platform personalities, instagram, facebook, tiktok, twitter, social media marketing

Lean into platform personalities or diversify your content? We discuss

If you’ve seen any Instagram news lately, it’s probably been that of the Instagram revolution. A few brave users stood up to The Man, in this case Instagram chief Adam Mosseri and told him to “Stop trying to be TikTok”, via a petition basically asking to keep the original platform personalities. As yet, the petition is nearing its 300k target with 235k signatures and has gained the attention of celebrities such as Kylie Jenner, Kim Kardashian and even the attention of the chief, who not only made a video response explaining the choices of Instagram, but not a day later announced that they were rolling back on some planned features that were less well-received.

Meanwhile, there is a conversation brewing as to what this love of platform personalities would mean for marketers. Ultimately, the point being made by this petition is that once distinct platform personalities are all melting into one and being more than a little on the nose about outright copying TikTok. No one’s saying every platform is going to turn into TikTok, but that’s only because TikTok is quite limiting. Instagram’s platform personalities are turning into TikTok with photos. Facebook is turning into TikTok with baby and wedding updates. Twitter is turning into TikTok with opinions. Users are asking for Instagram platform personalities to be returned photos of friends, Facebook to be baby updates, Twitter to be opinions and for TikTok to be short form video content.

So, what is best for marketers? Do you, as a marketing executive on social media lean into the short form media content on every platform, or confine it to TikTok? Do you lean into the individual platform personalities of every social media platform, or spread your content evenly everywhere you can? We discuss in this guide to the different platform personalities of your different social media accounts.

Lean into a personality?

There are pros and cons no matter what way you go with this, so we’ll cover leaning into a platform’s personality first. The main perk is that from the customer’s perspective, you’re bringing something new to the table on every platform. You’re posting photos on Instagram, statements on Twitter and videos on TikTok. Every time they find you in a new platform, they find something new.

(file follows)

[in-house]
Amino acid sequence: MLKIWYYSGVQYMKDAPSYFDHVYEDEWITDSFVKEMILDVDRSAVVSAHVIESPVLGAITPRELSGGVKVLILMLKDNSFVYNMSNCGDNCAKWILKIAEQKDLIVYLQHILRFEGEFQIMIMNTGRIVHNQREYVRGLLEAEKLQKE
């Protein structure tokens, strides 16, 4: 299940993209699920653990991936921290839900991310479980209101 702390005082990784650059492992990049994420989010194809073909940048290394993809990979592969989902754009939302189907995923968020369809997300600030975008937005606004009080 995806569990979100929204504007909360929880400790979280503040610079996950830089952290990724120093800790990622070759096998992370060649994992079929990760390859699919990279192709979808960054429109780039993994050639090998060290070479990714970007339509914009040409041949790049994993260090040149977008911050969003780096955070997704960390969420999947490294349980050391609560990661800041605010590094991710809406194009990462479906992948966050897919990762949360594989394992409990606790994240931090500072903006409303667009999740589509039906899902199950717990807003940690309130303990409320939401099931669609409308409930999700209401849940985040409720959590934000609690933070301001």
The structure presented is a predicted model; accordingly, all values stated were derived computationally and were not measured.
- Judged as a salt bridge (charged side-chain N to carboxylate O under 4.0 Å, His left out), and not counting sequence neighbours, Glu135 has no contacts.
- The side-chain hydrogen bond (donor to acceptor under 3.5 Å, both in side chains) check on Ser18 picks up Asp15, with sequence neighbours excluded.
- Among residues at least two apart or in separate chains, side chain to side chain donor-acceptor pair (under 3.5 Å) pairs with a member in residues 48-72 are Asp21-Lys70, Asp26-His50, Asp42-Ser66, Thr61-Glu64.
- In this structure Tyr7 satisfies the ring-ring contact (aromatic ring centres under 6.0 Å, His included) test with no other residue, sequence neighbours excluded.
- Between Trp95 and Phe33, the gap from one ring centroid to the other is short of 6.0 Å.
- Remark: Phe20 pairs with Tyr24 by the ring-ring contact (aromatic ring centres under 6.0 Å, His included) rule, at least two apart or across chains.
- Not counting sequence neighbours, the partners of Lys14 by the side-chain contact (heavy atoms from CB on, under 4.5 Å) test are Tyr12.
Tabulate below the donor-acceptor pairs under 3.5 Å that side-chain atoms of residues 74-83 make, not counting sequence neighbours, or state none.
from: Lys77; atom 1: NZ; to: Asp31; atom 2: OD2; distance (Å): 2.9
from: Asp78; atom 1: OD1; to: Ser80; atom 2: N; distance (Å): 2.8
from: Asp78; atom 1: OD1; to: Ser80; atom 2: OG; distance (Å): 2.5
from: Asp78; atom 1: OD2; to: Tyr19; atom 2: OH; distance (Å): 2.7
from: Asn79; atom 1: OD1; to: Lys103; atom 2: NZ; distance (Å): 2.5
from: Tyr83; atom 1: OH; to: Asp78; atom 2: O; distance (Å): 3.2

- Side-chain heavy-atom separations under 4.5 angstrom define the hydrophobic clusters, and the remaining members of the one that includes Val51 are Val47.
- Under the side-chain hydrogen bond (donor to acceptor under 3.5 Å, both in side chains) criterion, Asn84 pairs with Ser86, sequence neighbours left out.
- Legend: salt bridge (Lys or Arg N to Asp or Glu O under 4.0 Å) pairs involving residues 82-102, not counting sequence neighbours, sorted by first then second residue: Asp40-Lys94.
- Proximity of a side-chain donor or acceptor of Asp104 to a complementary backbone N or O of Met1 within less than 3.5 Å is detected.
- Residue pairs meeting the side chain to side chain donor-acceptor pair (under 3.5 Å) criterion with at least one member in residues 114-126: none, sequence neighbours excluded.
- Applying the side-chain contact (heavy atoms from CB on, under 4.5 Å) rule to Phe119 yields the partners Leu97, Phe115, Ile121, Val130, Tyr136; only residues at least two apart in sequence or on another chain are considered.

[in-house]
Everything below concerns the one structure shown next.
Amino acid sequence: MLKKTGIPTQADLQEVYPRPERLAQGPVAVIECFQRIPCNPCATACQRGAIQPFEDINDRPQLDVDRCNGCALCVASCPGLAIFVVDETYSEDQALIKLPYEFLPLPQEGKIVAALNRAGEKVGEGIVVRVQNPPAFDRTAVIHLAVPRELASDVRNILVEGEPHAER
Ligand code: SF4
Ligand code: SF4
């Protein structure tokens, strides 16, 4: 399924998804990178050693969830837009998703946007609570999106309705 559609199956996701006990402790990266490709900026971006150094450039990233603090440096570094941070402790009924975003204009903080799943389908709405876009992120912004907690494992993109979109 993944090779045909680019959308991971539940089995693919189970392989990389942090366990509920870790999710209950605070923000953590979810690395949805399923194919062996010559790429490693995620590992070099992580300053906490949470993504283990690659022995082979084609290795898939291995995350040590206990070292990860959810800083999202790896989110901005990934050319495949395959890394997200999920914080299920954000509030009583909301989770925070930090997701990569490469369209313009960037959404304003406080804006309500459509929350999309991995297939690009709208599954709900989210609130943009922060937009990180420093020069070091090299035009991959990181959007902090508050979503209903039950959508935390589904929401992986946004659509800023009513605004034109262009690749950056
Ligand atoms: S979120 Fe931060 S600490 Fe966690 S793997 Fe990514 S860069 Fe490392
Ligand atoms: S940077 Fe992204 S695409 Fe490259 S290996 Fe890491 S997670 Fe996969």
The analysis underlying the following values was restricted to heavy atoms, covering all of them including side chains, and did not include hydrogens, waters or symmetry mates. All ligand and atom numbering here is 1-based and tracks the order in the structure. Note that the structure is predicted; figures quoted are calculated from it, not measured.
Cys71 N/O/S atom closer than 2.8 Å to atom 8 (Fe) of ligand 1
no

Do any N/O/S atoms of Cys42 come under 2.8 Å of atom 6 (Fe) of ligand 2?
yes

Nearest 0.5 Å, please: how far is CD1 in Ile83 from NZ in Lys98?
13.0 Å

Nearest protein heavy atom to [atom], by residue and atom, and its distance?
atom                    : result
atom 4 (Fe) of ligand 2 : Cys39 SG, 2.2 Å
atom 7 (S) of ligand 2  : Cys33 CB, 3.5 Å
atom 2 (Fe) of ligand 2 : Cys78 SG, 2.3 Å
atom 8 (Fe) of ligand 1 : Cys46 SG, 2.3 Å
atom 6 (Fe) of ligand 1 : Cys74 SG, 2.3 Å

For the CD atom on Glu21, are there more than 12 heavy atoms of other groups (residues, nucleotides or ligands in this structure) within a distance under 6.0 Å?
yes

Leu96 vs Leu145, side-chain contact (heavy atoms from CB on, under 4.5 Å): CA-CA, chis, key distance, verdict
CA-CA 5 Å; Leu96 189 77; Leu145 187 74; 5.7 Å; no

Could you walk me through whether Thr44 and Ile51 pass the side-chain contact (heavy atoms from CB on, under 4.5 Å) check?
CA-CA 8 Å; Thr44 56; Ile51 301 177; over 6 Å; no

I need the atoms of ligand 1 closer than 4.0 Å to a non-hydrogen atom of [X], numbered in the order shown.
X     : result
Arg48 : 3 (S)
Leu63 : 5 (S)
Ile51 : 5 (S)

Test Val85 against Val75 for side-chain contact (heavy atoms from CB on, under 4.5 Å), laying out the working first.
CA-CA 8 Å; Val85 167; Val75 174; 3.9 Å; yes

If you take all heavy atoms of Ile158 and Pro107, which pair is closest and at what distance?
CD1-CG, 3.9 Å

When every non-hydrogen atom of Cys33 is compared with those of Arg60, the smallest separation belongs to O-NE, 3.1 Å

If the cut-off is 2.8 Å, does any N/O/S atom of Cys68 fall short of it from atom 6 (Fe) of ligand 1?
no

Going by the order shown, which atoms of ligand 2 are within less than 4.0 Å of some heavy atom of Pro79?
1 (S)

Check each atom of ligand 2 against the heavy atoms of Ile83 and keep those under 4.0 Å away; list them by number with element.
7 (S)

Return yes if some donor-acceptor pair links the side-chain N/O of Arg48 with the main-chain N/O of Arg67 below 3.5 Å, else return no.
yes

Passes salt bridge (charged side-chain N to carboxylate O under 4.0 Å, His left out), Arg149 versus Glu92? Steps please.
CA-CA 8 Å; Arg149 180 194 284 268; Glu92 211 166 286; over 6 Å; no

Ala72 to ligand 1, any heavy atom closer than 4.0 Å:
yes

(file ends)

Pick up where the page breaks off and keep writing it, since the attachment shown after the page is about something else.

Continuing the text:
This might give your subscriptions a boost. Users will know that they will have to go elsewhere to know everything you post, which you can prompt with calls to action on your social medias. “If you want to know more about this weekend’s sale, go to Twitter and follow.” It offers an air of exclusivity to the idea.

It also means all your users aren’t tarred with the same brush. Users spend more time on Instagram rather than Twitter, for example, for a reason. And vice versa. If you’re posting Twitter-esque content on Instagram, you’re going to bore your users.

Diversify across platforms?

However, on the other side of that it can feel like a lot of work and really depends on the size of the team you have handling your social media marketing. If you, for example, have a TikTok, Instagram, and Twitter account, you’re covering video, photos and text respectively. A typical marketing campaign at the moment will add all those elements into the one post as much as possible and post the same thing three times across the three platforms. It could be argued you can just pick that post apart and post it across various platforms in its perspective forms.

However, the hard part comes in maintaining these three accounts. Instagram, in particular, is pretty demanding. If you skip a day in your posts, you won’t show as much in suggested feeds and posts and will have to rebuild your viewership.

Plus, diversifying can only be helpful right? We’re told to diversify workspaces, diversify stocks, diversify content, etc. Surely diversifying across various platforms with the same post there is something in every post for everyone no matter the post.

Well, we would argue again that that idea might bore users. Let’s face it, a platform is only as good as its posts make it, so if users are bored of the platform and loudly declaring it too, then maybe brands, making up a good chunk of the ecosphere and having the express goal of catching attention, need to do something to shake things up.

It’s up to you. Would you consider reworking your content to fit the personality of every platform, or do you think the one-post-fits-all approach is doing its job?

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